Blaeu shows a number of small islands, including Yl na Fabble, off this stretch of the east coast of Lewis - far more than there are in reality (Fig. H6.3). In addition, Pabble and Pabble Ille appear on the Eye peninsula, some distance to the west of Yl na Fabble. Like Blaeu, many of the early maps show a number of islands along the east coast of Lewis, which are now difficult to identify - but which perhaps include the Pabail islands. They are first recognisable on Dorret's map of 1750, when Eilean na Crotach and ?Eilean mòr Phabaill (but not Eilean beàg Phabaill) are depicted, but not named. Mackenzie's map of 1776 does show the two Pabail islands, but the headland immediately behind them is named as Chicken Head, while Bible Head lies to the east of 'Bible' itself (Fig. H6.4). The frequency of the English versions of the names - particularly Bible for Pabail suggests that these maps were primarily intended for English-speakers, while it is possible that further confusion has arisen from differing perceptions from sea and land. In spite of its close proximity to Stornoway this part of the Eye peninsula appears remote from the landward side, or at least difficult of access, as indicated by the story behind Leabaith a Mhinnister, 'the Minister's Bed', just to the east of Gob na Creige:
A Point of Land on the sea shore the name of this place originates from the circumstance of a minister having taken shelter here for many weeks from the enemy at the Period of the Persecution of the Covenanters.
There is no way of getting to this place unless by water as the rocks project over it which secures it from the Eye of persons walking along the High Water Mark (Ordnance Survey 1849/1851, Original Object Name Books, Ross-shire, Book 74, 49).
At the far (south) end of Lower Bayble is the township of Eagleton. Though a relatively late foundation, the name of which has been translated directly into Gaelic as Baile na Iolaire, 'the settlement of the eagle', there is a possibility that it derives from Gaelic eaglais, 'church' (Carol Knott, pers. comm.). The small shingle beach to the east of the pier (NB 5291 3103), which divides Bayble Bay in half, is known locally as Papastaidh, perhaps incorporating the ON element støth, 'landing place'. An, as yet unlocated, tidal islet nearby is called Eilean na Mairbh, 'Island of the dead'. The proximity of these place-names to the Pabail islands is intriguing, suggesting perhaps that the early focus of activity was at the south end of the bay.
Teampull Rubha Chirc - Chapel Site
The number of names which appear on the OS First edition map along the south coast of the Eye peninsula is striking (Fig. H6.2). In light of this it is perhaps also significant that the surveyors could not find a dedication for the chapel that lies midway along its length, although it has given its name to a number of the surrounding topographical features. The chapel is described simply as:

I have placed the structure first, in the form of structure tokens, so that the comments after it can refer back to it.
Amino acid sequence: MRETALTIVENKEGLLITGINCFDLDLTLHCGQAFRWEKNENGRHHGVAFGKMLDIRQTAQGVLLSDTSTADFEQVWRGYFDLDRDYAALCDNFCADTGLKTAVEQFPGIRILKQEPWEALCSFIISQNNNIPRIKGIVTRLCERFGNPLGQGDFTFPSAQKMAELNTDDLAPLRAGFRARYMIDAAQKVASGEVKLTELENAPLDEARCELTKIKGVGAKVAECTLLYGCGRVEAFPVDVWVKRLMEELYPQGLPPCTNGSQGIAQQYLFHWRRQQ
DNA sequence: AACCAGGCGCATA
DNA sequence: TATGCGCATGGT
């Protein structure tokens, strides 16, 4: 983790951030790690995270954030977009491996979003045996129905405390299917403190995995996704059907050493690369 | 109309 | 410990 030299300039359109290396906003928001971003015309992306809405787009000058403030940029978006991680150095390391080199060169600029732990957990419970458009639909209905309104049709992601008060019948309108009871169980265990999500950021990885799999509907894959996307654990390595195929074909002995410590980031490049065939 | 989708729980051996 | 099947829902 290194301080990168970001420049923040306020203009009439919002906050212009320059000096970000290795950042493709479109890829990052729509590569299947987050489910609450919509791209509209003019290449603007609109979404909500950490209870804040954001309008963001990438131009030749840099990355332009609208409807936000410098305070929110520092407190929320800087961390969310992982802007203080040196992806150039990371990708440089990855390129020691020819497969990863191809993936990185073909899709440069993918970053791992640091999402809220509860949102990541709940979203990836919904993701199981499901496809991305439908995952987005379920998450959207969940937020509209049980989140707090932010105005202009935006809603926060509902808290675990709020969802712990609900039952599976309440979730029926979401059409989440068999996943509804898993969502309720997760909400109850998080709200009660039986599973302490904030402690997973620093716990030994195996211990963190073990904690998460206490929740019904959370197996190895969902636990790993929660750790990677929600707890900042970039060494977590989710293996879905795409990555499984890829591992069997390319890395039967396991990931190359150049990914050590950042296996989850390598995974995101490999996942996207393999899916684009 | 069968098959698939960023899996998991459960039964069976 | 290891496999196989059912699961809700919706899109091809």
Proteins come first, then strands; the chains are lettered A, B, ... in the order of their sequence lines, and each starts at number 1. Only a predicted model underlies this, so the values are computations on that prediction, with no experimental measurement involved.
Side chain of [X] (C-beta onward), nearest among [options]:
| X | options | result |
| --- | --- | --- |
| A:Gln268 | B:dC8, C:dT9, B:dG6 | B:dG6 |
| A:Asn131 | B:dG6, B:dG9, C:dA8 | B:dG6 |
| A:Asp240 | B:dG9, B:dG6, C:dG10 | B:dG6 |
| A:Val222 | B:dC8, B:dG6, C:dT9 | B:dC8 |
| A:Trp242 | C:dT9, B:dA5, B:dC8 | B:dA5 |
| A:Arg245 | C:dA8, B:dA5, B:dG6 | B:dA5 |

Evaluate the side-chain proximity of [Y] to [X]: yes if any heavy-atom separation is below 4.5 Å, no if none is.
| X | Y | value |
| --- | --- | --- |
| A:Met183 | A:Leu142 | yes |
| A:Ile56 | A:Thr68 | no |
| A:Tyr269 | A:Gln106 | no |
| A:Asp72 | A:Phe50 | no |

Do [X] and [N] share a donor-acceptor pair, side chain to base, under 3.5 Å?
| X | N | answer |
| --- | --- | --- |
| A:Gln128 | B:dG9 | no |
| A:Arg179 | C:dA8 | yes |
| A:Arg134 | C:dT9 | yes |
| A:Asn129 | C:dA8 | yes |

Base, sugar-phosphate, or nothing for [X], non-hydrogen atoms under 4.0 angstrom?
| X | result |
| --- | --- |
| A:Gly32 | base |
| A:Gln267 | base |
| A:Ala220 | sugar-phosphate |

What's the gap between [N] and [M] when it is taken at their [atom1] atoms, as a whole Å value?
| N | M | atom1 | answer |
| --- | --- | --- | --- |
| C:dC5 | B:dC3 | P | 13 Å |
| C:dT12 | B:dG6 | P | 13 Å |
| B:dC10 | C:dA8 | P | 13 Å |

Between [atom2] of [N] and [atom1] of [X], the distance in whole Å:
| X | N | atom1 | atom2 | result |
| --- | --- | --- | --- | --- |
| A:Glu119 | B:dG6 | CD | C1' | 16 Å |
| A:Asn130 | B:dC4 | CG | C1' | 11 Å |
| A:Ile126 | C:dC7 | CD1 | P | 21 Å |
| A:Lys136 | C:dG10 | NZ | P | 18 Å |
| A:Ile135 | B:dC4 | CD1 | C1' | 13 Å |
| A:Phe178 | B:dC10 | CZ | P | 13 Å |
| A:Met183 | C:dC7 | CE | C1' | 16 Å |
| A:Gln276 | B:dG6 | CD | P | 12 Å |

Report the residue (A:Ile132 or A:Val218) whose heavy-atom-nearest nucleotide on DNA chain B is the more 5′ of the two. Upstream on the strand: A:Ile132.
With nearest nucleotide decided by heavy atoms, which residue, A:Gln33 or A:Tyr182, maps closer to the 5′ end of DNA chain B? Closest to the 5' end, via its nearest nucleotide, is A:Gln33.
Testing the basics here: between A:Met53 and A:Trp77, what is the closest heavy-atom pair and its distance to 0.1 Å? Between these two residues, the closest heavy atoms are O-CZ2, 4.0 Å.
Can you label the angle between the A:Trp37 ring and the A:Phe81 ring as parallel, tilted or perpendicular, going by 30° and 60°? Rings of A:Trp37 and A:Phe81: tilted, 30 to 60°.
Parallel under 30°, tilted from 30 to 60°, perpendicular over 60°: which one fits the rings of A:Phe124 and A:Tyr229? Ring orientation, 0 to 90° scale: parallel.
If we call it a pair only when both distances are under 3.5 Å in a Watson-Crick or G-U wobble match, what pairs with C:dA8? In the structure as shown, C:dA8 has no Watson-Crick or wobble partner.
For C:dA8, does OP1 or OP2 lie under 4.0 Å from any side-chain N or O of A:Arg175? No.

The ruins of a small building on the sea shore near Ceann na Cearc. Tradition says it was a Catholic Chapel at some period, there is nothing visible that would lead to that conclusion, but the ruins of what seem to have been a small hut (Ordnance Survey 1849/1851, Original Object Name Books, Ross-shire, Book 74, 25).
However, in association with Ath an Teampuill, 'the Teampull Kiln', the bay below the chapel, traditions are recorded in the Name Book:
A small Bay or Creek on the sea shore, on the edge of this Bay there is still to be seen the remains of an old church yard in the centre of which stands the ruins of an old house which tradition says was built by a Brother and Sister who having had connection with each other were Banished from the North part of the Island and came here for refuge. Afterwards a child was born which they threw into this place, from this circumstance the name originated. There is a small stream flowing from Loch Cuilc into this creek (Ordnance Survey 1849/1851, Original Object Name Books, Ross-shire, Book 74, 44).
Though the ath element in the name is given as 'kiln' by the early OS surveyors, perhaps deriving from an actual (corn) kiln, it is equally possible - since no trace of a kiln can now be found in the vicinity - that the shape of the bay has given rise to the name. Equally, it may refer to a ford across the burn, allowing access to the chapel from the west (Carol Knott, pers. comm.). The site is known locally either as Tigh an t-Sagairt, 'The Priest's House', or Uaighe nighean an t-Sagairt, 'the grave of the priest's daughter', both of which could refer back to this story (Barrowman 2005, 68, Site 28). While it is possible that Chicken Head does represent a direct translation of Ceann na Cearc (cearc = hen), it could also derive its name from the Gaelic word circ, from kirk or church (ibid.). This uncertainty is reflected in a pencil note added to the Name Book:
Hen Head? Chicken Head?
Ceann na Ceàrc - or Circ is the Gaelic name and applied by the inhabitants - Chicken Head is English, used only by seamen, Charts, &c - Chicken Head is not a translation of Ceann na Cearc (Ordnance Survey 1849/1851, Original Object Name Books, Ross-shire, Book 74, 25).